Published on Aug 15, 2018
Radical or Revolutionary?
Ever since US presidential candidates railed against free trade, and anti-immigrant parties made sweeping gains in Europe, the question has been asked: are we witnessing the demise of globalization? A trend that has dominated trade for decades appears to be coming to an end.
The percentage of global GDP and world exports has been on a slow steady decline in the past two years as tariffs, largely disregarded and frowned upon by conventional economists, are emerging protectionist trends. Defined as ‘principled realism’ by Victor Davis Hanson, countries such as China’s breakneck industrialization is most likely over. Britain, a nation famous for building its empire on trade, will exit the world’s biggest free-trade area – Europe – by the end of this decade.
These signs point to the slow death of the form of globalization that the rich world has invented and patrolled since the end of the second world war. For many, the period from 1980 to 2008 marks the high-water mark of such policies – a period that came to an end with a huge global financial crisis.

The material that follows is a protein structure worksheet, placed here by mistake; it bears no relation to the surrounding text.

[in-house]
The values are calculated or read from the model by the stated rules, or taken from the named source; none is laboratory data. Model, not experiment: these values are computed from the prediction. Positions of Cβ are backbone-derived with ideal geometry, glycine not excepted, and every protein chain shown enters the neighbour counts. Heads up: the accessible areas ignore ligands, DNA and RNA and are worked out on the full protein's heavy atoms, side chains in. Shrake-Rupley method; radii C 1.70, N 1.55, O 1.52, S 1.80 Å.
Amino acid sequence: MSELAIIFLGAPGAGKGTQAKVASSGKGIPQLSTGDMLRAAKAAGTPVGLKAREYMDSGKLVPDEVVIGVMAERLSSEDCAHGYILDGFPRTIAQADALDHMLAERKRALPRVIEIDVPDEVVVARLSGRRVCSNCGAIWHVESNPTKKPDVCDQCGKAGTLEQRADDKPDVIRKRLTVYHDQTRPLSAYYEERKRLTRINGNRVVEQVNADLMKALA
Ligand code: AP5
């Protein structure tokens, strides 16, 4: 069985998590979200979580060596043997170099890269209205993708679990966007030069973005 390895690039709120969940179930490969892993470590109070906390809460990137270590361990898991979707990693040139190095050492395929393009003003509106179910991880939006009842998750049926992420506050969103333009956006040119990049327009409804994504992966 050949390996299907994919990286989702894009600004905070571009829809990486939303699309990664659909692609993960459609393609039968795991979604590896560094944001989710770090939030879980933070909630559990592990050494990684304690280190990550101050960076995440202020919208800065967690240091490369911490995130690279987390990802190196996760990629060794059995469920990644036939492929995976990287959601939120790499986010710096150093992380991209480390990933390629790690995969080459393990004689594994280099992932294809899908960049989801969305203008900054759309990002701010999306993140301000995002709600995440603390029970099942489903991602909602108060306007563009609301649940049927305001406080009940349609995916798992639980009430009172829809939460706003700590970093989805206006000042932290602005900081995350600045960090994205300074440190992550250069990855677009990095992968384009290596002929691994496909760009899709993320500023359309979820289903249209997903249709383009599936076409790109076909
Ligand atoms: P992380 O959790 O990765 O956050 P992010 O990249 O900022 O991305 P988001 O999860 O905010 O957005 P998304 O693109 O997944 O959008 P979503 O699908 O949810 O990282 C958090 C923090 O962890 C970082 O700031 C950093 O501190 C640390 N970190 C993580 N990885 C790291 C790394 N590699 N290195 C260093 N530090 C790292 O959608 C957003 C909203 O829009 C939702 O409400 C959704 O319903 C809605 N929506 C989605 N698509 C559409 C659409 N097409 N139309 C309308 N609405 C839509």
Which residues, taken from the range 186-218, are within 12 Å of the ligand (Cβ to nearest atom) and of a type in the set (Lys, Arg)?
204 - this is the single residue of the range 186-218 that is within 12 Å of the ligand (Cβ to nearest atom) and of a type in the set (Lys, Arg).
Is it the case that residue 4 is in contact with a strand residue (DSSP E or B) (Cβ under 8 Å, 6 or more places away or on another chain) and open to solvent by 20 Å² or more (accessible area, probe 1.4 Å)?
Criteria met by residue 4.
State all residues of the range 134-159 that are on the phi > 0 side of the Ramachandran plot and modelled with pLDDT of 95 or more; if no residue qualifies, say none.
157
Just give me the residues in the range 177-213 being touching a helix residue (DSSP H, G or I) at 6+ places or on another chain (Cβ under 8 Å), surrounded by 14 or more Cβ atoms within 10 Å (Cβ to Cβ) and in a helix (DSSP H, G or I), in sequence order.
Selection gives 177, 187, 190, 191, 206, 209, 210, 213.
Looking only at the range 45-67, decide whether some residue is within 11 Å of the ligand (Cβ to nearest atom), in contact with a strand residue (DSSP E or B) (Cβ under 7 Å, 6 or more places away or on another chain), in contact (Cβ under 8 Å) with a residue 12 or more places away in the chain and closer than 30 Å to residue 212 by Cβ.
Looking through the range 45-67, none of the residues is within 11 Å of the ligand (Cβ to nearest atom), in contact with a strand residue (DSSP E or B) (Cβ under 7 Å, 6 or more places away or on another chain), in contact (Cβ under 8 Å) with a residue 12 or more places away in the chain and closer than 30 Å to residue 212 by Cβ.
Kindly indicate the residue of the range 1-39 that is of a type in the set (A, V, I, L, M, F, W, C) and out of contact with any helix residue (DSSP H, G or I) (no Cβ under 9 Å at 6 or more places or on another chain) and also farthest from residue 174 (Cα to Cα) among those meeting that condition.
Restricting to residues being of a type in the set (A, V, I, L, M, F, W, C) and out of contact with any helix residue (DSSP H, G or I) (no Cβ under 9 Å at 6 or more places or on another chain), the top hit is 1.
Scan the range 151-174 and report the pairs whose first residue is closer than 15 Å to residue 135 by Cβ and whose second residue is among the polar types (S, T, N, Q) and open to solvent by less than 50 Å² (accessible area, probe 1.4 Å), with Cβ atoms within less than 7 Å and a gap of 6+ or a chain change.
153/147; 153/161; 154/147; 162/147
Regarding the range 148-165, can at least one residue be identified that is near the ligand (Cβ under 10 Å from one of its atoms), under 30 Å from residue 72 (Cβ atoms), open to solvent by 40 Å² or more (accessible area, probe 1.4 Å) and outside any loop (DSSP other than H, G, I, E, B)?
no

There is a worry that these years resemble the previously most integrated period of world history: the Gilded Age between 1870 and 1914. This ended bloodily with the first world war. Others state that we are overdue for reconstruction of global trade back to back to 1946.
Donald Trump has been an opponent of free-trade deals all his public life. While he applies the term ‘fair-trade,’ free-trade is a misnomer.
This is the preamble to a series of brilliant lectures delivered by Dr. Victor Davis Hanson.